In recent years, there has been an emphasis on teaching across the curriculum. Gale has applied that concept to this new set, which is arranged chronologically from 3000 B.C. to future times (A.D. 2500 plus), profiling 300 novels, short stories, biographies, speeches, poems, and plays in the context of their historical periods. For example, Ivanhoe and The Scarlet Letter are discussed in volume 1, Ancient Times to the American and French Revolutions, because, although both were published in the nineteenth century, they are set in an earlier era. Whether the literary work was published during the time of its setting or decades later, Literature and Its Times provides insight into both the time in which it takes place and the time in which it was written. More than 80 librarians, secondary teachers, and university professors were responsible for the selection of titles included in this series. The criteria utilized during the selection process were based on the frequency with which the works are studied and their close relationship to historical events. Not only are classics, such as the Iliad and the Odyssey, included, so are works by ethnic and female authors, such as Ruthanne Lum McCunn and Mildred Taylor. Entries within each of the five volumes are arranged alphabetically. Each volume begins with an introduction to that volume followed by a chart of the chronology of relevant events and the corresponding literary works set in the period. Also included are an author and a title index. Each volume ends with a cumulative index of all five volumes by subject, author, and title, which makes searching easy. Entries are generally six or seven pages long. Each entry is organized into five sections. The introduction provides brief information about literary work (genre, time, and place of the work and the year it was published or performed), a synopsis of the story or content, and a paragraph introducing the work as it relates to the author's life. This is followed by a section that examines the social and political events of the time and relates those events to the literary work. The next section, "The Literary Work in Focus," describes briefly the plot or contents of the literary work and shows how these reflect upon the times. This section often includes information on the author's sources. "Events in History at the Time the Literary Work Was Written" describes social or political events in the author's lifetime that relate to the plot or content of the work. A list of the sources cited in the entry, as well as sources for further reading, concludes the entry. The publisher notes that if the work was written and set in the same time period, sections 2 and 4 are combined. Primary-source material is provided through quotations within the text and material in sidebars. Sidebars also contain additional historical details related to the main text. The text is enhanced by illustrations and maps. Gale is to be congratulated on the publication of this set. The diversity of the works profiled is impressive, encompassing Shakepeare's plays, Jonathan Swift's Modest Proposal, Madame Bovary, Chief Joseph's "I Will Fight No More Forever" speech, Up from Slavery, The Grapes of Wrath, The Joy Luck Club, The Golden Notebook, Silent Spring, President Kennedy's inaugural address, and Dune. The unique perspective enables one to view issues in literature, history, sociology, and politics and to see how those issues are portrayed in literary works. Literature and Its Times is recommended for all libraries whose patrons at the secondary level and above study literature.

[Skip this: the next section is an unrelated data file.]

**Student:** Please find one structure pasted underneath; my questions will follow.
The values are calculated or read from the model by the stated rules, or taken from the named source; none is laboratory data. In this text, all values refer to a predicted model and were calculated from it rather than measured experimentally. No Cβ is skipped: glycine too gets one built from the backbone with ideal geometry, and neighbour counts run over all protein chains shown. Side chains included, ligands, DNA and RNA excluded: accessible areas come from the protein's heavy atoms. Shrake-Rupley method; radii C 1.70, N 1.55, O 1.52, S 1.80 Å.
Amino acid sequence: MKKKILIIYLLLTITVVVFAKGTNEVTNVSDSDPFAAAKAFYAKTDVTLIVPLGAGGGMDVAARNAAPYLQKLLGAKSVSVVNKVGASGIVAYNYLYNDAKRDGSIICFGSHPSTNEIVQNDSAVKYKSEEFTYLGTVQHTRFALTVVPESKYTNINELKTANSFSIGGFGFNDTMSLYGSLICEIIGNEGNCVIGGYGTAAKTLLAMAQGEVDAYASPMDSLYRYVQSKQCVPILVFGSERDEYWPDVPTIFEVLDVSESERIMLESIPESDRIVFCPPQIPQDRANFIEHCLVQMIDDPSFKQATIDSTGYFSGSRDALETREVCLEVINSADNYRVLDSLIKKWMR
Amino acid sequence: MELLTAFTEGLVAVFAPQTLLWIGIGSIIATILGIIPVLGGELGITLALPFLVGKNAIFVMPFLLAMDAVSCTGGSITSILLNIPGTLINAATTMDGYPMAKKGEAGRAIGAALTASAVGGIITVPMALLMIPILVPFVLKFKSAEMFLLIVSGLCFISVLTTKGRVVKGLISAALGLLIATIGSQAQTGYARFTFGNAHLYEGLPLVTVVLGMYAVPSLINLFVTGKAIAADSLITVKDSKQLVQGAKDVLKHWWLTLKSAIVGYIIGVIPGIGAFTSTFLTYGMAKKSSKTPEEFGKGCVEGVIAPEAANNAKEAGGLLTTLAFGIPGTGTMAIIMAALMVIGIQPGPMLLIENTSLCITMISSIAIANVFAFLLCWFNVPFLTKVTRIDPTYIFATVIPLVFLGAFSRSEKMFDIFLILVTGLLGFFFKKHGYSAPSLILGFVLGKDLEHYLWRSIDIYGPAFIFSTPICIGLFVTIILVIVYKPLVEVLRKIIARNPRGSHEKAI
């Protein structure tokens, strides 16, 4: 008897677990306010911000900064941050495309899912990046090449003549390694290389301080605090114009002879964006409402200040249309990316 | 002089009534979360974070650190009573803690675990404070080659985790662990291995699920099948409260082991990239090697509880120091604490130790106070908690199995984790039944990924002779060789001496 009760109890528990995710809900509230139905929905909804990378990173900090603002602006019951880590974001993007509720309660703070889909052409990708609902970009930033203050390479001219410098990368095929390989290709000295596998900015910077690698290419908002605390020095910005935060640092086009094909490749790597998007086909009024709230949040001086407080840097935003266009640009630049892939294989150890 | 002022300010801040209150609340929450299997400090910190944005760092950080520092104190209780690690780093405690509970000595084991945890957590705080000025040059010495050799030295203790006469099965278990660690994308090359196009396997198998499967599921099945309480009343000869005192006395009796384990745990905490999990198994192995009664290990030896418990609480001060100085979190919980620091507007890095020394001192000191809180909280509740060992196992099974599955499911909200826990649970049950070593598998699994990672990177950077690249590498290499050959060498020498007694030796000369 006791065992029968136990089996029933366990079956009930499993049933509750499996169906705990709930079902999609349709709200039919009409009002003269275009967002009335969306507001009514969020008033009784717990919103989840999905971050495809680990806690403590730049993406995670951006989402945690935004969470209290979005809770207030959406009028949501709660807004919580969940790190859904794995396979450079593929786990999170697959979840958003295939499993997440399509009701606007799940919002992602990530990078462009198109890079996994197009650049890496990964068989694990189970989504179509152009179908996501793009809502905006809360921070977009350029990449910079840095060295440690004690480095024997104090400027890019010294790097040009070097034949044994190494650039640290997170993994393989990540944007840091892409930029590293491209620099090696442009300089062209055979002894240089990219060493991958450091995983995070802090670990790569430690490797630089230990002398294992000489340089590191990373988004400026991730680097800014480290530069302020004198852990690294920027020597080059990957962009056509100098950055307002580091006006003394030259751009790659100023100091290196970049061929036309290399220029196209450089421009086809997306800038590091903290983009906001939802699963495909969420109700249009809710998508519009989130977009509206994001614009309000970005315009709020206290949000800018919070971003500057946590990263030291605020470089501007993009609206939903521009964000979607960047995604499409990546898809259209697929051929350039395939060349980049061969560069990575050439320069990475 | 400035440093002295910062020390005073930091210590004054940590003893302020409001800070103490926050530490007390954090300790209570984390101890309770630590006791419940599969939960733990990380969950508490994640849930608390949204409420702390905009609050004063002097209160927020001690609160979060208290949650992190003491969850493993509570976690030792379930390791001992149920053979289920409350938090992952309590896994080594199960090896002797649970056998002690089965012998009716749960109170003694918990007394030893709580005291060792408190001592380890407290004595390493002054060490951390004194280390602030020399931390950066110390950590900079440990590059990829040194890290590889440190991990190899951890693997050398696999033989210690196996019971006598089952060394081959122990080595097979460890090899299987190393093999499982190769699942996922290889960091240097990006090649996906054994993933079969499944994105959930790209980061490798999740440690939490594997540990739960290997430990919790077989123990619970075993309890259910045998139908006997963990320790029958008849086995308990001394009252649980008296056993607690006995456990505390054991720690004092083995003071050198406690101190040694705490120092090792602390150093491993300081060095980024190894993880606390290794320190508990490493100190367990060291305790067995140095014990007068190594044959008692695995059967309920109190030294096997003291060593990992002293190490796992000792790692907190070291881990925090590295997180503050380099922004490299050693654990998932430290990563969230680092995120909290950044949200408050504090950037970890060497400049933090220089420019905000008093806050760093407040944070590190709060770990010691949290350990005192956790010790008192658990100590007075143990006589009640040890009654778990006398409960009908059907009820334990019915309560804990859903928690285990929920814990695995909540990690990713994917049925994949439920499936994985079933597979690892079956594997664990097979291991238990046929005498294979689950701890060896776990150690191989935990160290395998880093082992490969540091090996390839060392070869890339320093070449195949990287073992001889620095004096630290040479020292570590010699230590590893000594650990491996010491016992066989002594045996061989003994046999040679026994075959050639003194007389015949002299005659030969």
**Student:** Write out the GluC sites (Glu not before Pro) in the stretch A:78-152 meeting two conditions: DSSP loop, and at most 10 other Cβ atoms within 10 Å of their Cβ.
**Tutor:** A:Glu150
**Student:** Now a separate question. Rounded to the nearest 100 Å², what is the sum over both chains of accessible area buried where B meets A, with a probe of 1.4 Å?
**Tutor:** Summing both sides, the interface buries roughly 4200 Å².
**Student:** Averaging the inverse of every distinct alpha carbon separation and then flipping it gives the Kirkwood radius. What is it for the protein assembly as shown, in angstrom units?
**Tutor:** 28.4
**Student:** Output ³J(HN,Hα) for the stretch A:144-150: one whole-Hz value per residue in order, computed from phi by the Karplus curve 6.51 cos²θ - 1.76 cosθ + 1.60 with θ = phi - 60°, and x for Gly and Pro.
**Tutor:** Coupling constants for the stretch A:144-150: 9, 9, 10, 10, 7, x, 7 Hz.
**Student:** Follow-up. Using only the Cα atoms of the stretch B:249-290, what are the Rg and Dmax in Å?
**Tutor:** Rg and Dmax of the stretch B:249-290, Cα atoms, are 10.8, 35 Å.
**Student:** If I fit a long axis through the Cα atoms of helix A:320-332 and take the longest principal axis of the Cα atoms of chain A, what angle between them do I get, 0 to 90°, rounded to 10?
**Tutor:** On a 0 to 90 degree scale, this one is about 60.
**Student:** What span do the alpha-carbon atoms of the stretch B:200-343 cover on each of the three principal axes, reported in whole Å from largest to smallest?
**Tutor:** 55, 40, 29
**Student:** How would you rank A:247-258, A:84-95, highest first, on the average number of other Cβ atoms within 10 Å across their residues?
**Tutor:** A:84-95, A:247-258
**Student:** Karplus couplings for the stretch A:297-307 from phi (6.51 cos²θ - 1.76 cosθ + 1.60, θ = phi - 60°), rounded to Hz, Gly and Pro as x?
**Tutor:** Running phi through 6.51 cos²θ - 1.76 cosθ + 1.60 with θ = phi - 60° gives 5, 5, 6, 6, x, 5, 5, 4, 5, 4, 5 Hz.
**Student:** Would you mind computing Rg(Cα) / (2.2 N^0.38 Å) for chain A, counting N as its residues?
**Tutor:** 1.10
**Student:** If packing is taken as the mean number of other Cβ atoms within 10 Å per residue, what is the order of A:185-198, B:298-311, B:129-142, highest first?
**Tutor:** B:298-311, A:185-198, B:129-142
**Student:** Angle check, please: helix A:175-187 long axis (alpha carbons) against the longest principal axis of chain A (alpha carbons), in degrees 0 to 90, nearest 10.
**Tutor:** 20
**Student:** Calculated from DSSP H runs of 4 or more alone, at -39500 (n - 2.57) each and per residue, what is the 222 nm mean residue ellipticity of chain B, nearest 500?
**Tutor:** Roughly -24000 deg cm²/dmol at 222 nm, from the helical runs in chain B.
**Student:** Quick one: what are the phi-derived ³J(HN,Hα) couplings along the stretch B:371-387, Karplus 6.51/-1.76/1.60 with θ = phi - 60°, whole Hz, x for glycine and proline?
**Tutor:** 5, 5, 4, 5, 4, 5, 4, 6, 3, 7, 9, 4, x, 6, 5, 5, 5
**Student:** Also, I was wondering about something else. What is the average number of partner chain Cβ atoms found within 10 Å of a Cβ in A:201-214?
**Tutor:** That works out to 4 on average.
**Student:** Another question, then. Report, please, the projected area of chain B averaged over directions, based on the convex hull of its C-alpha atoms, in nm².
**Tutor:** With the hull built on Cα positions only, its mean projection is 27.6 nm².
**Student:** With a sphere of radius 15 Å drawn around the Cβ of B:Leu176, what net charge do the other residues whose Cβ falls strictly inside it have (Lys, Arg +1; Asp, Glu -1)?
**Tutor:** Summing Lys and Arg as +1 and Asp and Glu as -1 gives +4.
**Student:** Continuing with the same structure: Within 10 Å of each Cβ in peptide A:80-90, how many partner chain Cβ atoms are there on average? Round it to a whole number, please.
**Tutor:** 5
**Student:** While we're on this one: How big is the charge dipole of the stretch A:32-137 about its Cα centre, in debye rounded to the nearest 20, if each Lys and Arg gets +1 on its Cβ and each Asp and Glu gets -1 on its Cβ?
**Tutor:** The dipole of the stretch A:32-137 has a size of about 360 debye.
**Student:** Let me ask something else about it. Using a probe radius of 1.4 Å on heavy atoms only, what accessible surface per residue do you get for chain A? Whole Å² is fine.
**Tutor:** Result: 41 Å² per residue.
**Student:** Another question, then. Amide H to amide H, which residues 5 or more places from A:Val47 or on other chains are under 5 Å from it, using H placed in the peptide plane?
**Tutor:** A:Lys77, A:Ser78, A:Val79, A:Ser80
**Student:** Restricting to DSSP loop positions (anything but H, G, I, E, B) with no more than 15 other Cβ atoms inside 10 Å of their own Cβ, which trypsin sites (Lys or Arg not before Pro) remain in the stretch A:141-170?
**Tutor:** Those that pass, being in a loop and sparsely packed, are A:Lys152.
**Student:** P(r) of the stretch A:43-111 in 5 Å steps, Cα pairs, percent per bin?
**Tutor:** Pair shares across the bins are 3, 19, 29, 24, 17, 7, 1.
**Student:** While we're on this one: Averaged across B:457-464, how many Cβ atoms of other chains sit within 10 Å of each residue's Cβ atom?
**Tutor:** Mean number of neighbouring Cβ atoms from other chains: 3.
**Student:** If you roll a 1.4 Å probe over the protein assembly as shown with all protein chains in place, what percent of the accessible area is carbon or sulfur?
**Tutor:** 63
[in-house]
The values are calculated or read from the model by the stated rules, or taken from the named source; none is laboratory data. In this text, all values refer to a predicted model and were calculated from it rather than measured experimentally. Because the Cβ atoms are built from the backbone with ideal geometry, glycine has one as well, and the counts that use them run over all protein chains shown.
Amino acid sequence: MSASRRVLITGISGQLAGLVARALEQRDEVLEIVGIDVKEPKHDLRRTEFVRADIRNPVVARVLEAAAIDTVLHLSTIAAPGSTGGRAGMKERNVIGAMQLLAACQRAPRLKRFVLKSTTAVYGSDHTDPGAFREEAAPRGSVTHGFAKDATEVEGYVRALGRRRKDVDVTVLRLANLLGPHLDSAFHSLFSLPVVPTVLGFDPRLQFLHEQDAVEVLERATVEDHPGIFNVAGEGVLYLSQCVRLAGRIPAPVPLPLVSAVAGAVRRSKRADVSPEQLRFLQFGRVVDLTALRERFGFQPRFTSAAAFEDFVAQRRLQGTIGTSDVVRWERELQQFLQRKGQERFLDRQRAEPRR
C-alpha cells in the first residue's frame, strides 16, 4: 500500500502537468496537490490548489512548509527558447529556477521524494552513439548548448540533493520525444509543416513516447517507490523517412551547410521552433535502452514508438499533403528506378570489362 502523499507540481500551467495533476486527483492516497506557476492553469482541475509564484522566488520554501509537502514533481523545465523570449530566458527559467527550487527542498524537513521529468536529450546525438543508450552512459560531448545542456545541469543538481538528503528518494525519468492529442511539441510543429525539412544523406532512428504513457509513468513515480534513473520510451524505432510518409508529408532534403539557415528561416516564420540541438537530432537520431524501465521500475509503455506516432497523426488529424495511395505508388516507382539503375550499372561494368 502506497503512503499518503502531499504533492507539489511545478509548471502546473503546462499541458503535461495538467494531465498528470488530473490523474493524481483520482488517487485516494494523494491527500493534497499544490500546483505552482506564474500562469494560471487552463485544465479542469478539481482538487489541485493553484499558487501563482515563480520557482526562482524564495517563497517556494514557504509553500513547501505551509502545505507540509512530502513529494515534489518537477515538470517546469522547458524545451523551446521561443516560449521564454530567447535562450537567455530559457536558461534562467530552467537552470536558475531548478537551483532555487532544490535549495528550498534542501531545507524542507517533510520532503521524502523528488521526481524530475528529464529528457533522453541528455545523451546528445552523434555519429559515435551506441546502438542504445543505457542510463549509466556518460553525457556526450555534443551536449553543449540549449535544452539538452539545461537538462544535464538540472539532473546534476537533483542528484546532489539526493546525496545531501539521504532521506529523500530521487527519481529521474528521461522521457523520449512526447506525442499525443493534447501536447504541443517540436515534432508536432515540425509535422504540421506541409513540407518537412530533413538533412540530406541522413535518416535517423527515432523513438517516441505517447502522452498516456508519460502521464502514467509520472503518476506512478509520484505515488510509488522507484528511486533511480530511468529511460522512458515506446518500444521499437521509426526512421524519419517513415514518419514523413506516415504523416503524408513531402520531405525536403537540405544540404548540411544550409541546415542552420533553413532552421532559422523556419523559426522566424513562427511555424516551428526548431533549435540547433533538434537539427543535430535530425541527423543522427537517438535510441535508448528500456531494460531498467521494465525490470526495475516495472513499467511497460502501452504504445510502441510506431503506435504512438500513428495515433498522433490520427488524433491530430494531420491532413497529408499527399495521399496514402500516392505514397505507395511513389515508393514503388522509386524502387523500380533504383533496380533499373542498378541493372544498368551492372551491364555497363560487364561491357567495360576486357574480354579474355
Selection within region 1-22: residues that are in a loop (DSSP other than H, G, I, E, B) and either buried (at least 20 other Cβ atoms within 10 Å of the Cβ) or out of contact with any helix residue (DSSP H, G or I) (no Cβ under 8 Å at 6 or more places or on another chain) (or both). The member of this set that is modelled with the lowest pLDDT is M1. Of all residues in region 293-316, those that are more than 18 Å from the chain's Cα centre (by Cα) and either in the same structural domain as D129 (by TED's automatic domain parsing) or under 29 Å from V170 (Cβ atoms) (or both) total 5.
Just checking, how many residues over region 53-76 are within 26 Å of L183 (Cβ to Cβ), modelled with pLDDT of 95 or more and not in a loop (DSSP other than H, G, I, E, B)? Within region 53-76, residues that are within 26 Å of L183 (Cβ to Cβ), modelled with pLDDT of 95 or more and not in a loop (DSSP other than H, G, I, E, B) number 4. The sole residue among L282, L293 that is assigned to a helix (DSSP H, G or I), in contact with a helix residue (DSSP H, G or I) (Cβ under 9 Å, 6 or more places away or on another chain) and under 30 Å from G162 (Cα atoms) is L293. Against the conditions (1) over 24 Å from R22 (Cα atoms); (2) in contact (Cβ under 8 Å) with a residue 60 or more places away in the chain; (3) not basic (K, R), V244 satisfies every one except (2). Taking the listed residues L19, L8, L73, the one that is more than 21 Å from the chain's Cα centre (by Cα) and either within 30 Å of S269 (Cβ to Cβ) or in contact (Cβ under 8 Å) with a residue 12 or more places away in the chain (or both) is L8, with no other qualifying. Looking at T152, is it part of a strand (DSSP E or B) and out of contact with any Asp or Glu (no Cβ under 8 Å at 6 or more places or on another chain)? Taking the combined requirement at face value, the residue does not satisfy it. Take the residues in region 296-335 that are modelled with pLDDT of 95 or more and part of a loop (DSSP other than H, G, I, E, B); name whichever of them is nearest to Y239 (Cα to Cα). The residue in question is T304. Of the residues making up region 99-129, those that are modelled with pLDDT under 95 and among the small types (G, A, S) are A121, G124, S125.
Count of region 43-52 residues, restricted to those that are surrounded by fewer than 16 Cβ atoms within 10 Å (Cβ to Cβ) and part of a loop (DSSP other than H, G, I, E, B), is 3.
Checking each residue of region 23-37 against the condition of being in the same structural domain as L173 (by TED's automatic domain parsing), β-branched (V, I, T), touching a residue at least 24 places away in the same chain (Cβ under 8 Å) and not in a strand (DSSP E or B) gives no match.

Library Journal Review